Rounding out the Key Set are the casual layers. These are some of my favorite casual business and casual Friday selections. Some have more layers than might be apparent at first glance.
You may be asking Why layering? Who really cares? Layers = depth; depth = visual interest. Certainly, some garments are so beautifully cut and fit so perfectly that they deserve to be presented alone — like a diamond solitaire. But most garments benefit from a little companionship.
Here is a simple suggestion to get you started: Don’t just wear a blouse and trousers. Wear something under or over the blouse. For extra credit, add a scarf before you walk out the door.
Each layer needs to show; thus, each layer should cover less area than the preceding layer — e.g., a cropped top over a regular blouse. (Note: If you do this in reverse, all you get is bulk. There are exceptions to this rule: blouse under a dress, ultra-thin layers, boyfriend jacket.) Don’t confuse surface area with volume, however. Layers can become more voluminous as you work your way out. Consider the poofy bustier over a slim-fitting blouse. (Note: If you wear volume closest to the body, you also get bulk.)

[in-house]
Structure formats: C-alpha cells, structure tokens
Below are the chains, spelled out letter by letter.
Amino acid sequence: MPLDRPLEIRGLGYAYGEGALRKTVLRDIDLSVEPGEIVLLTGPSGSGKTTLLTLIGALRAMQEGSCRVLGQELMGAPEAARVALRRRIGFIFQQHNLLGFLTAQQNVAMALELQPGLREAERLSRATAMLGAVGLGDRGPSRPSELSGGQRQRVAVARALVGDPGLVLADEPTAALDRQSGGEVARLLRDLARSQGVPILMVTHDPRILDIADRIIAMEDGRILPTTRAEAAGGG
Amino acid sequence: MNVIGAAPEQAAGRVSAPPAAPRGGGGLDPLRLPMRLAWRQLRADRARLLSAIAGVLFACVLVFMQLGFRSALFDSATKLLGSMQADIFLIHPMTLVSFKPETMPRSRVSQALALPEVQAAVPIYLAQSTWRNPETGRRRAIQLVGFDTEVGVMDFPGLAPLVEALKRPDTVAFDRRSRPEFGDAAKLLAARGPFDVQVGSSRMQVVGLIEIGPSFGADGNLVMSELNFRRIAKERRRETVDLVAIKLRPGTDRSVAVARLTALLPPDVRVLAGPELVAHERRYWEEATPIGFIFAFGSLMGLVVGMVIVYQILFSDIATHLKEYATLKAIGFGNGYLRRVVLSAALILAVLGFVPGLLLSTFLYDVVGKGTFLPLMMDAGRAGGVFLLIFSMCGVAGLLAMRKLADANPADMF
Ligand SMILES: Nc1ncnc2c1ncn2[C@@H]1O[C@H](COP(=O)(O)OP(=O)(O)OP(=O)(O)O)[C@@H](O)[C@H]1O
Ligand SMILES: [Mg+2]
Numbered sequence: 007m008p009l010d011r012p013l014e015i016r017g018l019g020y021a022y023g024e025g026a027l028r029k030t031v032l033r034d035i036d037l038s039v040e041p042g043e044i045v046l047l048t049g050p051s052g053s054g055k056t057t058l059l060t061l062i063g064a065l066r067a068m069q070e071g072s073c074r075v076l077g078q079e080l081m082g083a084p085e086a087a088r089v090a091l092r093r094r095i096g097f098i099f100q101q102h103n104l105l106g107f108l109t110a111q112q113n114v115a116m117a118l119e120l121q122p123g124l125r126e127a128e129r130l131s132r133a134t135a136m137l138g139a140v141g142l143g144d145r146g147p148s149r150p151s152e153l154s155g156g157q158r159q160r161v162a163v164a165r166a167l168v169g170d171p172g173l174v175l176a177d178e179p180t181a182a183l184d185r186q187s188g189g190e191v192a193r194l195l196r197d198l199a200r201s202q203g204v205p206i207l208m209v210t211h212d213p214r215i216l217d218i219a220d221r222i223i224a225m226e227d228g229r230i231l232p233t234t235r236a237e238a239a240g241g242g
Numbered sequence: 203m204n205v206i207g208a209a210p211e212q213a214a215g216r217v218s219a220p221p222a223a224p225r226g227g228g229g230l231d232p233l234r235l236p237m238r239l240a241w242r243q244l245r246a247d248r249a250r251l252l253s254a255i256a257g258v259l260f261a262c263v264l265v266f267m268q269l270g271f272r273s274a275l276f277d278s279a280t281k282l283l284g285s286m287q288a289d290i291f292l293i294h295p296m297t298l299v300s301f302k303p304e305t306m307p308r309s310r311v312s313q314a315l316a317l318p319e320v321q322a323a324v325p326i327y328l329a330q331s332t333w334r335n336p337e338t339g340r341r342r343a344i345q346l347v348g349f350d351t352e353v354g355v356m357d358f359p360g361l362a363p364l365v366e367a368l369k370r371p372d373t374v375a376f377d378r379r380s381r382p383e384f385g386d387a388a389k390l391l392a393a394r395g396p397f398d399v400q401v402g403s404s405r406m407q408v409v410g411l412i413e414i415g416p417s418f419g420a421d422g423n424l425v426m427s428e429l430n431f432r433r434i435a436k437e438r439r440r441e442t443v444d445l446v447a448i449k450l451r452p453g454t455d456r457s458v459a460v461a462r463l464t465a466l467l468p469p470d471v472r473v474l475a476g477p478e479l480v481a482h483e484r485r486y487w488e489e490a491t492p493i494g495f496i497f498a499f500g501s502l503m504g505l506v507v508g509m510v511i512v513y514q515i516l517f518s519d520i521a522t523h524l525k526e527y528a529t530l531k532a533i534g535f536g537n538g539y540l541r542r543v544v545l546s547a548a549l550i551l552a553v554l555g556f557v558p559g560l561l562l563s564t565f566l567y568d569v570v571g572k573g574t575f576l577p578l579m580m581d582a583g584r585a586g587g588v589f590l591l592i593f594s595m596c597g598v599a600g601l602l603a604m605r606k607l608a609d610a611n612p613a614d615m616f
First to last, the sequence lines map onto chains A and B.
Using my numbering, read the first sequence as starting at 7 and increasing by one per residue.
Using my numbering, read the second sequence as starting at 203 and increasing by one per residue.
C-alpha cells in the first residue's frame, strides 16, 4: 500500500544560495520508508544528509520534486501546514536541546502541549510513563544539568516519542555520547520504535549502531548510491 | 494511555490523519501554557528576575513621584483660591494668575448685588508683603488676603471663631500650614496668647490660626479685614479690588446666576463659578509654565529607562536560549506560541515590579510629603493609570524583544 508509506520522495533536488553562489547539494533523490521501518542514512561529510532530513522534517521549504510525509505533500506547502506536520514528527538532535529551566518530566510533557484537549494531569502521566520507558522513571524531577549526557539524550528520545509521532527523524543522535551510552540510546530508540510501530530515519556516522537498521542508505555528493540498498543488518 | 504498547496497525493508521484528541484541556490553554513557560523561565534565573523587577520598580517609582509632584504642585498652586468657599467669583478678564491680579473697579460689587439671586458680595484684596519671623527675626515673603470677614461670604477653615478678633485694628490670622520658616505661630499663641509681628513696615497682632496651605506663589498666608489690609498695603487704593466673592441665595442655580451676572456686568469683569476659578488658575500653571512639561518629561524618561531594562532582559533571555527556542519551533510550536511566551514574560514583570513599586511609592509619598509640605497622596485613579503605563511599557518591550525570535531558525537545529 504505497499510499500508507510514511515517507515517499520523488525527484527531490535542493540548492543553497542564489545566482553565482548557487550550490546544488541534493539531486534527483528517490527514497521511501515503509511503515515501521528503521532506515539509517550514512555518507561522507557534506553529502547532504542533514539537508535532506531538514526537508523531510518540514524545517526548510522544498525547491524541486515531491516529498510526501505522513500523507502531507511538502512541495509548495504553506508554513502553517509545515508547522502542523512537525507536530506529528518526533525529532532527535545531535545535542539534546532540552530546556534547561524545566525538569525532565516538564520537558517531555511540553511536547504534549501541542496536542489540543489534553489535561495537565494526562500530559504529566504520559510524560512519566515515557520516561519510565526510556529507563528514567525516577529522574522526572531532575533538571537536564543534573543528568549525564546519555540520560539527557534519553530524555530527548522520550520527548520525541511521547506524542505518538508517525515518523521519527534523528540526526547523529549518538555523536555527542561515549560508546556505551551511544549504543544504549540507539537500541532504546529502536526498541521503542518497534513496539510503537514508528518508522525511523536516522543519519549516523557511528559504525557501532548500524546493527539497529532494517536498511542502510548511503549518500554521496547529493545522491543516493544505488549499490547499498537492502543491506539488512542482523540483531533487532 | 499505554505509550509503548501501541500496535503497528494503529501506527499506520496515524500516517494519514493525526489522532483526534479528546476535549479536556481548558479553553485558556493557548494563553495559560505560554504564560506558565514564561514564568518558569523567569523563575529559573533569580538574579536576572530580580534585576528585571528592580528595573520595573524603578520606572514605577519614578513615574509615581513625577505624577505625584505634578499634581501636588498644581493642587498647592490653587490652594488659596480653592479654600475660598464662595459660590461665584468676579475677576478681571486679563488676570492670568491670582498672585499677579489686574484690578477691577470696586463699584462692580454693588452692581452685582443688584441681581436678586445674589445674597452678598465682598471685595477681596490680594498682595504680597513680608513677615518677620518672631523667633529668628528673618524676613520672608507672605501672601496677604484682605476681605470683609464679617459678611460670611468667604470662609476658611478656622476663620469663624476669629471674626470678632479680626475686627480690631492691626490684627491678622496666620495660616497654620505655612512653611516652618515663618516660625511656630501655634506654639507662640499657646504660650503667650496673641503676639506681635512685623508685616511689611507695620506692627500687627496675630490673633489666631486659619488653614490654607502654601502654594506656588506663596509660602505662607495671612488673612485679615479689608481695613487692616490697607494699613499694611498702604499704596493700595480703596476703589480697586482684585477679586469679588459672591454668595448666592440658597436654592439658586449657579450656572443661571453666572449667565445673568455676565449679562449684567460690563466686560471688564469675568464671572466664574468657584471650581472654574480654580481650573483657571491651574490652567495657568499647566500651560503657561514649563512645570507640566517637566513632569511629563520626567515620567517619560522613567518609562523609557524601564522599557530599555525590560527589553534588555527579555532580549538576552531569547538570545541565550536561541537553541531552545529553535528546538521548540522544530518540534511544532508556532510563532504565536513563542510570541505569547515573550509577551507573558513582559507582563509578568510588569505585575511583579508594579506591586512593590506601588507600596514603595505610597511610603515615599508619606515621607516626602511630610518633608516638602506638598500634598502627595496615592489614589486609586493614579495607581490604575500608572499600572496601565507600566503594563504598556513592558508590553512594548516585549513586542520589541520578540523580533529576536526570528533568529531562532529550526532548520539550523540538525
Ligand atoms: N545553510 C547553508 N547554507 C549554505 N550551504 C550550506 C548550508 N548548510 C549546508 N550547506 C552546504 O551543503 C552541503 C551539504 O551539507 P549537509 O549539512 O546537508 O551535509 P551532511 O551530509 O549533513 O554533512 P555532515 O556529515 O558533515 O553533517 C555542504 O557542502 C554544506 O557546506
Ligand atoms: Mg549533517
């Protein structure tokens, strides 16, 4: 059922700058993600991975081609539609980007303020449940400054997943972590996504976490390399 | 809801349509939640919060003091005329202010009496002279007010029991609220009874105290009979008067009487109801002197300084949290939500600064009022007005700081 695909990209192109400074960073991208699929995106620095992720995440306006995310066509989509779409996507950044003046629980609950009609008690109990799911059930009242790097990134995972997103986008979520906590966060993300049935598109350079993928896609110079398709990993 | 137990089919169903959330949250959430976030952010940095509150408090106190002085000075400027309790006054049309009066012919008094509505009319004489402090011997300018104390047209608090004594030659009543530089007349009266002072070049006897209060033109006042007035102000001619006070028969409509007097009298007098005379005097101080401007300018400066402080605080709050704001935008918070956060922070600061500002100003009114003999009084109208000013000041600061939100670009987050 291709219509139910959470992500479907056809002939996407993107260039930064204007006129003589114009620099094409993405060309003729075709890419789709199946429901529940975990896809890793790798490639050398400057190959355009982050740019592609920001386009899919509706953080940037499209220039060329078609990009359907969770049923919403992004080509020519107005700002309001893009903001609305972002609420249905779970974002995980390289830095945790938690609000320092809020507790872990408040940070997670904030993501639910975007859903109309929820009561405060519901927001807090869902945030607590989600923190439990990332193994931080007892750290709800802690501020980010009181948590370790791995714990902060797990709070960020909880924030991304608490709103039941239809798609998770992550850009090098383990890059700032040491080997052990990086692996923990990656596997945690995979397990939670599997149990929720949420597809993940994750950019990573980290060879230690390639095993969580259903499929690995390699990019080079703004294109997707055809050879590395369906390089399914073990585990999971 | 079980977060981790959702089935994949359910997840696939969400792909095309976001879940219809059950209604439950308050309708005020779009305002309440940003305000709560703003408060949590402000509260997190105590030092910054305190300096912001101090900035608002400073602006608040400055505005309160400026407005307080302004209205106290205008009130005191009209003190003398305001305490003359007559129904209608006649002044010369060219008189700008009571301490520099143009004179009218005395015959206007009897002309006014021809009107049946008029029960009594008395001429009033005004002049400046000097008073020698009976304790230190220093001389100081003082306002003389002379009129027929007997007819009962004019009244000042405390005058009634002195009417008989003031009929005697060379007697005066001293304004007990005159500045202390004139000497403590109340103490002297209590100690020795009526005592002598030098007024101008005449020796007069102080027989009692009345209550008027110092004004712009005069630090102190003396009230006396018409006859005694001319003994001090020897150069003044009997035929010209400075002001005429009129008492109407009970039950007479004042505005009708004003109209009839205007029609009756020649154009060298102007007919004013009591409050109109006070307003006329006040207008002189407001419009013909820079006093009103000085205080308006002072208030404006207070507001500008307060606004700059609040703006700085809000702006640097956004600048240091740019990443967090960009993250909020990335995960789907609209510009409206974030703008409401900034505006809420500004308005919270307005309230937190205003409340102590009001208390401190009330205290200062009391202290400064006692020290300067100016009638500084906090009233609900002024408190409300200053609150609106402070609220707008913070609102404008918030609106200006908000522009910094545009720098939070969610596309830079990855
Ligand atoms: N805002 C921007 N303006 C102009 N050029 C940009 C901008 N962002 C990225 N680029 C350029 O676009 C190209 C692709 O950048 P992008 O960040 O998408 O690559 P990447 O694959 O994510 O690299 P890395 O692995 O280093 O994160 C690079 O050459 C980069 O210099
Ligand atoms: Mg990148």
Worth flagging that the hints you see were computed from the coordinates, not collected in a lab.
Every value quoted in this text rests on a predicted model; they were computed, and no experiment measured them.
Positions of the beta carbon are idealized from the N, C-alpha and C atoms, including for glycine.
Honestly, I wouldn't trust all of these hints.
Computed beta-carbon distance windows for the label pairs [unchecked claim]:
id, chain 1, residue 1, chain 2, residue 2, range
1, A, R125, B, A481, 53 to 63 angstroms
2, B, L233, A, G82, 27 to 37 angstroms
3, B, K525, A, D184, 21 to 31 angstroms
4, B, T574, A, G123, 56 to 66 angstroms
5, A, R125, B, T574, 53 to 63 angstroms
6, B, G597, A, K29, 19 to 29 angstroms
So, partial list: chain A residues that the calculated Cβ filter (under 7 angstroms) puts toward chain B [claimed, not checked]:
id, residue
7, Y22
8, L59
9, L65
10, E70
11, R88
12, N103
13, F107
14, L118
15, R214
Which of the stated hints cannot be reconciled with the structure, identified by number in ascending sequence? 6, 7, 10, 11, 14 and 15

If you are trying to add more layers to your outfits, ask yourself this every morning after you’ve dressed for the day: What else could I put on? Easy additions are: a striped tee-shirt or patterned camisole under your blouse; a silk tank over a white blouse worn with a jacket; a cardigan or sweater vest between your top and your jacket; a crew neck sweater worn knotted over your shoulders (or around your neck) on top of your jacket; a scarf on top of anything; a belt over your jacket.
Layering essentials include: tissue-weight tee-shirts, patterned camisoles and tanks, sleeveless sweaters, cotton gauze or silk blouses, shrunken cardigans. One final thought. Anything that you’ve looked at and thought That’s too bare to wear to work is made for layering.
What is really remarkable to me, looking back over these photos, is how old most of these clothes are. Three-quarters of these photos involve clothes that are 7-10 years old. That’s old, right? But what does it mean?
I have extracted three observations from this review. First, a universal lesson: If you buy nice things and take good care of them, they will last a long time. Second, a personal observation: I must get dressed up more days than not; thus, my casual clothes get less wear and last longer. Third, a personal validation: I am a little bit less acquisitive/greedy than I thought. Just a bit.
I planned to deliver the Key Set in three parts, but have realized we need one more: The Accessories. Stay tuned.
Have a fantastic weekend!